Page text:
The Effects of Playing Snake Ladder Game in the Family to Increase Gross Motor Skills in Kindergarten Children with Autism Spectrum Disorder: A Case Series
Objective: To evaluate and compare the gross motor skill of the kindergarten children (KC) with autism spectrum disorder (ASD) before and during the period of playing snake ladder game (SNG) in the family (according to the pre-set schedule and pattern of playing).
Methods: The participants were specifically selected: must be 4-6 years old and must have a diagnosis of ASD by a child and adolescent psychiatrist. The tools used in this study included (1) the 210 centimeters x 210 centimeters SNG sheet, built by the research team, for playing by the family. The SNG had a playing guideline. Playing instruction included walking, jumping, standing, sitting and crossing. SNG must be played 1 hour/day, 3 days/week for 5 consecutive weeks. At first, playing the SNG was demonstrated by the research team, then the family practiced playing until meeting with the pre-set guideline. Afterward the family continued playing SNG at home. The authors had a regular home visits to observe and regulate the SNG playing at the first, 4th, 8th and the 12th play. (2) questionnaire to interview parents on demographic and clinical characteristics of both participants and their parent(s). (3) The gross motor skill assessment scale which was developed by the research authors. Each playing SNG would occurred after the finishing of each assessment. Two authors alternately assessed the gross motor skill on the morning of Monday, Wednesday and Friday. A total of 19 assessments were included: the first 4 assessments during the baseline period and the 15 consecutive assessments during the intervention period. The results of the study were presented by a raw data (demographic, and gross motor skill score) and single subject design graphs.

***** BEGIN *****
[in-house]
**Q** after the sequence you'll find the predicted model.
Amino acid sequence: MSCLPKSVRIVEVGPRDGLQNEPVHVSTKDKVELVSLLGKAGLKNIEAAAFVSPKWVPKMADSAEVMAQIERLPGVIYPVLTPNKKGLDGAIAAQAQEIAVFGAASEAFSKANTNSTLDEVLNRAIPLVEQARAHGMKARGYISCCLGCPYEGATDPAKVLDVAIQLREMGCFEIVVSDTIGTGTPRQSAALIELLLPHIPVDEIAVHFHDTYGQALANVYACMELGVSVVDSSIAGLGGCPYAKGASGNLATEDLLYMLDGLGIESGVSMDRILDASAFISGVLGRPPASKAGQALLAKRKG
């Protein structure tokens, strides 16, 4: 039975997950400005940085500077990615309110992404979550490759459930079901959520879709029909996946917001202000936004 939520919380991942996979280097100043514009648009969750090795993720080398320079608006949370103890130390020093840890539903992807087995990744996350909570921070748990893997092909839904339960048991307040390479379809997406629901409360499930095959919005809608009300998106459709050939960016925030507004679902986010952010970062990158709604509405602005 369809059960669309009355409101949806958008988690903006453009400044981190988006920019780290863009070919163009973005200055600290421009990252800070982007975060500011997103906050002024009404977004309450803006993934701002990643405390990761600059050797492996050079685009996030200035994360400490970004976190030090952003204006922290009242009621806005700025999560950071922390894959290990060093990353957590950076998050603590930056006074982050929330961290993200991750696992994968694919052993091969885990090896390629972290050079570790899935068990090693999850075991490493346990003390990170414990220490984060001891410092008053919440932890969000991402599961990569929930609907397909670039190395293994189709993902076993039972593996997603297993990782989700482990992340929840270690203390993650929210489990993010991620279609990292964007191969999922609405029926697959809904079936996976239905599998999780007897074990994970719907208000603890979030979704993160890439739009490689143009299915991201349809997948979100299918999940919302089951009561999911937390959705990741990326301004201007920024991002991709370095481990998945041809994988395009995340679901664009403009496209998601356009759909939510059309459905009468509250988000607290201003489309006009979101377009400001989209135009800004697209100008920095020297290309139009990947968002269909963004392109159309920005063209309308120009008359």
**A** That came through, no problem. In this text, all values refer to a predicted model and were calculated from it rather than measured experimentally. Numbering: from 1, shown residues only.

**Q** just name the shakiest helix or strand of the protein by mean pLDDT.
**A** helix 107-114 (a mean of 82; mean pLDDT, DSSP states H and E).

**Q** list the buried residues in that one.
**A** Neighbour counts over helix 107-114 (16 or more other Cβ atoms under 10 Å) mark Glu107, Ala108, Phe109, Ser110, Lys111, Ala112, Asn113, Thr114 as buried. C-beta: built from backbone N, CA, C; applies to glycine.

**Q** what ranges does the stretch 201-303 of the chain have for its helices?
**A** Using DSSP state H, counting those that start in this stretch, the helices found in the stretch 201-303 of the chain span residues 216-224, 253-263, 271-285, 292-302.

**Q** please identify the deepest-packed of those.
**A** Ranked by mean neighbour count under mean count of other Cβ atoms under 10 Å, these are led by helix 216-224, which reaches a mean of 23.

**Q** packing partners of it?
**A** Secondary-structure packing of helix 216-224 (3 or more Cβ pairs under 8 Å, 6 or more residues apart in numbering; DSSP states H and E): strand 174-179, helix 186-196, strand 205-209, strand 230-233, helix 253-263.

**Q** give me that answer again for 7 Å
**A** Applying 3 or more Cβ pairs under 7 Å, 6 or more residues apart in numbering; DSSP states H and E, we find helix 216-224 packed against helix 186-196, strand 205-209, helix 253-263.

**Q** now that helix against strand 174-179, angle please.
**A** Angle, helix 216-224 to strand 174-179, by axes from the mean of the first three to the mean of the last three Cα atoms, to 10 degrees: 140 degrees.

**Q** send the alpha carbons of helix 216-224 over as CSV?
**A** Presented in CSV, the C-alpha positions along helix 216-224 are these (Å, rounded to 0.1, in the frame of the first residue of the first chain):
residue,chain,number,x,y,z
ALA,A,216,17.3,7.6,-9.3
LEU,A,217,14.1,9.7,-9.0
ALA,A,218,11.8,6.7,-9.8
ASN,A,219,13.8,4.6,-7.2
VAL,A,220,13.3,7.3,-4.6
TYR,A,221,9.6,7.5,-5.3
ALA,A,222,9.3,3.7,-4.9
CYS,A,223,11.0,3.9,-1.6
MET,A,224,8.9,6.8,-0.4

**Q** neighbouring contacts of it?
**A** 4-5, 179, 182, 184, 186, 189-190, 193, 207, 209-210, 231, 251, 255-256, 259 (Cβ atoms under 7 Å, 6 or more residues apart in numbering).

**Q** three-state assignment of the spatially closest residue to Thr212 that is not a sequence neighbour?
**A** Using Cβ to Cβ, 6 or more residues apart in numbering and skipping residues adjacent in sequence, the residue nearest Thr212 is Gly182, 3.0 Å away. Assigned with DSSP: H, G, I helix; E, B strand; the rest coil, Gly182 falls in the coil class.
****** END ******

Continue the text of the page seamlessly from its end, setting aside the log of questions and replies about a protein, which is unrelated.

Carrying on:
Results: Both The SNG and the assessment scale were approved unanimously by 3 ASD experts (one physical therapist, one special education teacher and one child and adolescent psychiatrist) to be sound to the purpose of the research. There were a total of 3 KC participants: one was from the Khon Kaen University Autistic Research Center and two were from Special Education Center 9. Keeping with the schedule and pattern of play, the family SNG play could increase gross motor skills in KC with ASD. The increased motor skill could be sustained throughout the intervention period.
Conclusion: the increase in gross motor skill was due to the appropriate playing, goal directed, and regularly repeated practice. The play was also participated by the family. For the gross motor skill to be progressively enhanced, the family should keep on playing snake ladder game regularly and continually.
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